It’s been 25 years since the first Toyota Rav4 made its appearance and was the SUV in many instances a pioneer for the sports utility vehicle. There were already other vehicles on sale at the time that saw to the needs of those wanting a vehicle that can act as sedan, bakkie and hatchback – all in one – but it was the Rav4 with its go-anywhere design and personality that really hit the mark. Over the next two and a half decades the Rav4 would grow and mature into this all-new model and is it quite a departure from what we’ve come to know of this vehicle.
Sporting a bold new face, the design of the Rav4 reminds strongly of that of the CH-R. Toyota refers to its latest design language as ‘progressive’ and we have to agree given the markedly differently look the Rav4 boasts with. The lines adorning the car are much more angular and sharper, in an attempt to make the SUV standout from the crowd. Thankfully, like that very first Rav4 of 1994, this new model does not only rely on its Toyota badge to attract attention, but the design does it part, as well.
Built on Toyota’s TNGA (Toyota New Global Architecture) platform, the Rav4 is the first of the automaker’s SUVs to benefit from this new underpinning. TNGA brings with it the advantage of a lower centre of gravity and engineers not having to spring the suspension stiffly in an attempt to get a good ride quality. The SUV features independent front suspension and a double wishbone rear suspension to provide a sturdy drive. Despite being 5mm shorter than the outgoing model, the new one sees width increase by 10mm, a longer wheelbase (+30mm), and a best-in-class loading bay of 580L (+79L). The latter, of course, increases when the rear seats are folded down.
Powering Toyota’s new SUV is a choice of two naturally-aspirated engines. The 2.0-litre develops 127kW and 203Nm of torque, while the 2.5-litre is good for 152kW and 243Nm. The latter is only available in AWD guise. Toyota says that the revised engines now offer improved fuel economy, as well as performance gains in various driving conditions. On the AWD models, both the 2.0-litre and 2.5-litre, the drive mode selector ensures that the system automatically adjusts different aspect of the vehicle, such as braking, steering, and throttle control for ideal performances in the different conditions. Sending power to the wheels can be done via either a six-speed manual gearbox, a Continuously Variable Transmission (CVT), or the new eight-speed automatic transmission. The eight-speed is mated to the 2.5-litre model only, while the 2.0-litre has the option of the aforementioned two ‘boxes.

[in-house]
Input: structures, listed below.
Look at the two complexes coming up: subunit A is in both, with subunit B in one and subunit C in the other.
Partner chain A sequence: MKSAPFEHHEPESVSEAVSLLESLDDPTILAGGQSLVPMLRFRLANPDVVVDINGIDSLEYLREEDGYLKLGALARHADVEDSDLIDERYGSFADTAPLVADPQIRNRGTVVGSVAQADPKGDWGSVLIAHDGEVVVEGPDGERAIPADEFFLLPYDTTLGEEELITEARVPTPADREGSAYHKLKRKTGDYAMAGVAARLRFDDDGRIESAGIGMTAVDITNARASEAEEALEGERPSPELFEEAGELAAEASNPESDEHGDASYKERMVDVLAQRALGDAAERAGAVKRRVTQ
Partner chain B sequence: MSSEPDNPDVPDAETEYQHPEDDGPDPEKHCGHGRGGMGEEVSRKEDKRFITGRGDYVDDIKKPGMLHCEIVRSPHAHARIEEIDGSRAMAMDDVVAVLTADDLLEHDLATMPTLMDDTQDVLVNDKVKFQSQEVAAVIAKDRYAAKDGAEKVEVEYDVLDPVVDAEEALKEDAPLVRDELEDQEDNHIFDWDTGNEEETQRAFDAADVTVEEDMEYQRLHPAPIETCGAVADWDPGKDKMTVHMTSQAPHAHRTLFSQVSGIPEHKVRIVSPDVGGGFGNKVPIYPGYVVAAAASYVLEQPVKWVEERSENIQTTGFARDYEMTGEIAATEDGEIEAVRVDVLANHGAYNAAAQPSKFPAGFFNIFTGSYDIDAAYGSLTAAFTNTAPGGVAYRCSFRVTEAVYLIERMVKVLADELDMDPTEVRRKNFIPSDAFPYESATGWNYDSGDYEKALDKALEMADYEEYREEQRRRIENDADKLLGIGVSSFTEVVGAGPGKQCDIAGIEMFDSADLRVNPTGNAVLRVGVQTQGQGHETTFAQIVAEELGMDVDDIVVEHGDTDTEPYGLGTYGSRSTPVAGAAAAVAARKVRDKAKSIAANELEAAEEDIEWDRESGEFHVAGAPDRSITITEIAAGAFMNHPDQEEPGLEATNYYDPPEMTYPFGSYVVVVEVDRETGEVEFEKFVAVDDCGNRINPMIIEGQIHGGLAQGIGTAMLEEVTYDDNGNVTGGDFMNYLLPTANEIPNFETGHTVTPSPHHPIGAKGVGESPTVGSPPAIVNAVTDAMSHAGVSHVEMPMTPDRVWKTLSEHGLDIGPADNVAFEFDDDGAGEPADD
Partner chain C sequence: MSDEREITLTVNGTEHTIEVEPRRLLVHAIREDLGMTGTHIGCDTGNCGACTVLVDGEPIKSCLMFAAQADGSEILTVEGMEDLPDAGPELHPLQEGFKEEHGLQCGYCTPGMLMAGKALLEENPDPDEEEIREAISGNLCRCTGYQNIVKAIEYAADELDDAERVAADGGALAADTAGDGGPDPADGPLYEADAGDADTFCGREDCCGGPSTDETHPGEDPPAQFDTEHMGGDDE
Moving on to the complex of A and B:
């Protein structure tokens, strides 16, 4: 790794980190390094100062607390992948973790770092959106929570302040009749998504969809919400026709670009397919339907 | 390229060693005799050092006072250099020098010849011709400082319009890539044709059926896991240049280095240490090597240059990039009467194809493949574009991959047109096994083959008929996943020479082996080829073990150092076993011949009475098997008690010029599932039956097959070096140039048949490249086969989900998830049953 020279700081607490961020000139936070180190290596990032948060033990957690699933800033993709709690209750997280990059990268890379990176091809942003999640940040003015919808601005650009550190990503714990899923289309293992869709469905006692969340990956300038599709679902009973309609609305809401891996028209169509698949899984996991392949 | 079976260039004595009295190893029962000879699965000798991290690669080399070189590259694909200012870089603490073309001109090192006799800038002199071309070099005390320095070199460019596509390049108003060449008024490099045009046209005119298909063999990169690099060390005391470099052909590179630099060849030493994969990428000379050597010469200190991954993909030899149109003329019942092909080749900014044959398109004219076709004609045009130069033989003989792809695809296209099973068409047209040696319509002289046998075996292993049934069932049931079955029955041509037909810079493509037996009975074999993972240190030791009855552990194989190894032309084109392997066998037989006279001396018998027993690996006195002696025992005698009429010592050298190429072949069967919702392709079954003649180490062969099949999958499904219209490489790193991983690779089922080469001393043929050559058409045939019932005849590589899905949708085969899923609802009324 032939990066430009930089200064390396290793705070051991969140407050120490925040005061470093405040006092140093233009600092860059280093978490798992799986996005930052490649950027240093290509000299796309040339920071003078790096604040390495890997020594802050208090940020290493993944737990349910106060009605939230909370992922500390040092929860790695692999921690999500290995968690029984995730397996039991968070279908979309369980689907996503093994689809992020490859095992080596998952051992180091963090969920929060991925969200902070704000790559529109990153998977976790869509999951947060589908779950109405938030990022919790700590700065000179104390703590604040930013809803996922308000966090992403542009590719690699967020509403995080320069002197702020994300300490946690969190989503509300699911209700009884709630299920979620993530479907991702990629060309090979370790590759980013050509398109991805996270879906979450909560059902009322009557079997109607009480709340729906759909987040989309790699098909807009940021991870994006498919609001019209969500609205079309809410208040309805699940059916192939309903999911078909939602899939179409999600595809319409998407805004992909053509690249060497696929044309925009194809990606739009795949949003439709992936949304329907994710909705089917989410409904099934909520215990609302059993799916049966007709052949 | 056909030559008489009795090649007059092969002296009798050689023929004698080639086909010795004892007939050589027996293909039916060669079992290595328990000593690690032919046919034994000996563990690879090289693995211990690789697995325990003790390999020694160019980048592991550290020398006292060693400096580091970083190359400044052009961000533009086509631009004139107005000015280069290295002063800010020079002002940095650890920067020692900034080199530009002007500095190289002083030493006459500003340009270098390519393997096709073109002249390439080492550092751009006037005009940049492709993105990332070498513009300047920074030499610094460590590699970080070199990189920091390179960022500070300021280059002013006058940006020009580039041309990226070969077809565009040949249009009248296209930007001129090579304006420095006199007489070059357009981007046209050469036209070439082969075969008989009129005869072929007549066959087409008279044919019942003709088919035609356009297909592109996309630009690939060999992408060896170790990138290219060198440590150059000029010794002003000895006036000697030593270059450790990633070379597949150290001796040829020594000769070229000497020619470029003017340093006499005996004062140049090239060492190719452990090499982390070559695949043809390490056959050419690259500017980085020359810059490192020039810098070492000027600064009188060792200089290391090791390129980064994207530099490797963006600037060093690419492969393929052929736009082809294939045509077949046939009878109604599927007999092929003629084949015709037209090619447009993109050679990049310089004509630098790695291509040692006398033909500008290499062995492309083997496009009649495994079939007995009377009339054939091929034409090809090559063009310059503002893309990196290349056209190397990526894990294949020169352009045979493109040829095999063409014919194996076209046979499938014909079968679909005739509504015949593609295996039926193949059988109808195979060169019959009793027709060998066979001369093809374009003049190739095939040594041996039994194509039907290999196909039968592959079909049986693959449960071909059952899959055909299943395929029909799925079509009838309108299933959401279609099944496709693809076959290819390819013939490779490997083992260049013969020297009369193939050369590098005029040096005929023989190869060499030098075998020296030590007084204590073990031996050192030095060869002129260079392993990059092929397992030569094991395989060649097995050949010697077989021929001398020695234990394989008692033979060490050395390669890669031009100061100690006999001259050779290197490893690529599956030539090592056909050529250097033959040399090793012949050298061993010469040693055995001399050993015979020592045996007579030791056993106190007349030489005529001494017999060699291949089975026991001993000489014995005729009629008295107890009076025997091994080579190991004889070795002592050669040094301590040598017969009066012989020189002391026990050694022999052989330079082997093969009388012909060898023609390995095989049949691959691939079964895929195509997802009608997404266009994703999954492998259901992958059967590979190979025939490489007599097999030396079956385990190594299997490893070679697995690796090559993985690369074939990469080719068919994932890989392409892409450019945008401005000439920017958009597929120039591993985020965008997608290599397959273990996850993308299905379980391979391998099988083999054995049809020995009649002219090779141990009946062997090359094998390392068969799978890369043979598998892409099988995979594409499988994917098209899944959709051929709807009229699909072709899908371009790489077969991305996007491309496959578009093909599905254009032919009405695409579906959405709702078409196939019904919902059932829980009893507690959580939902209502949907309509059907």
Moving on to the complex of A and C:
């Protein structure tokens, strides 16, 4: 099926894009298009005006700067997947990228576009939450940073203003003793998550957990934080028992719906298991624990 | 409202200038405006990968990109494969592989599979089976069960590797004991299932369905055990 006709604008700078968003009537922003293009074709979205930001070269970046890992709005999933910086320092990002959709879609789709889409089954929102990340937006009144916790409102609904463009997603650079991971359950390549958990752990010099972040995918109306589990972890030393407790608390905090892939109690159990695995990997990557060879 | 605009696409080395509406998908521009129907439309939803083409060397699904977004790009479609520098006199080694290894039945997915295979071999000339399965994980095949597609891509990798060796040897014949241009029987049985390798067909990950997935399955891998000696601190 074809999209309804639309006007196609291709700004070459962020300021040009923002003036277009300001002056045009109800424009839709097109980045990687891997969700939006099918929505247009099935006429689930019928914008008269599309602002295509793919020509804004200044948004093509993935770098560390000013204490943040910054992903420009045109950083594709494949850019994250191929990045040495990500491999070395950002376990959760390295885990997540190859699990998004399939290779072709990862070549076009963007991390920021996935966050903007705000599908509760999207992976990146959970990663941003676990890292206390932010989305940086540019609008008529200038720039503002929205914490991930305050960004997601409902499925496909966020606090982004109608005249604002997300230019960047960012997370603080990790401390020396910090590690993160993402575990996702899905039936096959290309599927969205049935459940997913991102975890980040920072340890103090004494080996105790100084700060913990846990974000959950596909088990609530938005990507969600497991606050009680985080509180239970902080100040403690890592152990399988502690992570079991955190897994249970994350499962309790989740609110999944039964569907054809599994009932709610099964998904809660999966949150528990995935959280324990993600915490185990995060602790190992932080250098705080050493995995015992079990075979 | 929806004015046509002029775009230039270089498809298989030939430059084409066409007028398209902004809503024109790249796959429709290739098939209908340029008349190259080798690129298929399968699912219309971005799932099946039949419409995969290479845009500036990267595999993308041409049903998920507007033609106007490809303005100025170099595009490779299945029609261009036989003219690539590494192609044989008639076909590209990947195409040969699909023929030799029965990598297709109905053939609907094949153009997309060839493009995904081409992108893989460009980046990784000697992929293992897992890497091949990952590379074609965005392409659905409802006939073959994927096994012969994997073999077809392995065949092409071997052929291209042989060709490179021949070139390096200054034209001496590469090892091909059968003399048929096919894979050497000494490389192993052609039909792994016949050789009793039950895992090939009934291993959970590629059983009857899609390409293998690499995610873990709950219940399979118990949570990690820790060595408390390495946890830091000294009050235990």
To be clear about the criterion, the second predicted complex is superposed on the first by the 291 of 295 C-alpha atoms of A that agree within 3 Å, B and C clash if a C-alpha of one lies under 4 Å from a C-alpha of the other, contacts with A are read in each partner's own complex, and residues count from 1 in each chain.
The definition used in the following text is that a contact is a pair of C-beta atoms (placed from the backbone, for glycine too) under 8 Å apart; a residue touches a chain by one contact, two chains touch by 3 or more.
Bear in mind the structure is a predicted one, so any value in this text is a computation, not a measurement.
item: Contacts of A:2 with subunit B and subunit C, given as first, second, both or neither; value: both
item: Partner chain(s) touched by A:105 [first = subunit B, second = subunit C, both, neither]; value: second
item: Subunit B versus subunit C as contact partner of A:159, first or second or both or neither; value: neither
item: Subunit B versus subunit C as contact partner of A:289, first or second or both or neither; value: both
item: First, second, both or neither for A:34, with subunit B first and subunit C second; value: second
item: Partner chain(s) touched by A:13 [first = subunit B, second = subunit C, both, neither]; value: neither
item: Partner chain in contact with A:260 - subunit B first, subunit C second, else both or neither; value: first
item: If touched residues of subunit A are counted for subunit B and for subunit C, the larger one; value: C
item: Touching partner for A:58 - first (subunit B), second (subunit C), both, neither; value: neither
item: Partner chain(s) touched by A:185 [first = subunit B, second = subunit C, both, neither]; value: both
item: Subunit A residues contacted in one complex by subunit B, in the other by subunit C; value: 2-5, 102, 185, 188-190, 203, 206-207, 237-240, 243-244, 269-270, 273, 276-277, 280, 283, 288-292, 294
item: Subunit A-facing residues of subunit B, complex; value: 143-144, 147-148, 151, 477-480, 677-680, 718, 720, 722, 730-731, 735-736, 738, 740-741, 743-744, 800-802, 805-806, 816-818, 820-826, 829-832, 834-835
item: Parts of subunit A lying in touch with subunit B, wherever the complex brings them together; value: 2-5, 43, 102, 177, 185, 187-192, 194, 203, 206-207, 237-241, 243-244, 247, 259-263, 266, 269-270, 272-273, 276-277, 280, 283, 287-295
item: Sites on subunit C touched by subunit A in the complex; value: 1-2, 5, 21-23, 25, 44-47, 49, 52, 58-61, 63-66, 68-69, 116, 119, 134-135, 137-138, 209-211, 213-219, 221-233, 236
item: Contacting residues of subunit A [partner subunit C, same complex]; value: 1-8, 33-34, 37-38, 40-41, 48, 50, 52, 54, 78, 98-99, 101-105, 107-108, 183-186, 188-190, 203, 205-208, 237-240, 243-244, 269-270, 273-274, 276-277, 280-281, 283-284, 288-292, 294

The new Toyota Rav4 does not skimp on safety and did the Japanese automaker ensure that its new SUV is well-kitted with regards to this very important aspect. All models are fitted, amongst others, with seven airbags – including knee and curtain airbags – brake assist, vehicle stability control (VSC), hill assist control (HAC), and trailer sway control (TSC). On the top-spec VX models Toyota introduces, for the first time on its Rav4, adaptive cruise control (ACC), lane departure alert (LDA), and blind-spot monitor (BSM); to mention a few. And for those keen on doing hands full of shopping whenever the urge arises, all models are fitted with a power-operated tailgate with hands-free function.
The Toyota Rav4 has, and will always be, a favourite amongst local car buyers and this new model will undoubtedly be another stellar success for the automaker.
Range and pricing:
• RAV4 2.0 GX MT 2WD – R 416 400
• RAV4 2.0 GX CVT 2WD – R 427 600
• RAV4 2.0 GX-R CVT AWD – R508 100
• RAV4 2.0 VX CVT 2WD – R505 400
• RAV4 2.5 VX 8AT AWD – R577 900
All models carry a six-services/90 000km service plan with 12-month/15 000km intervals. A three-year/100 000km Warranty is also included.
Article: Charlen Raymond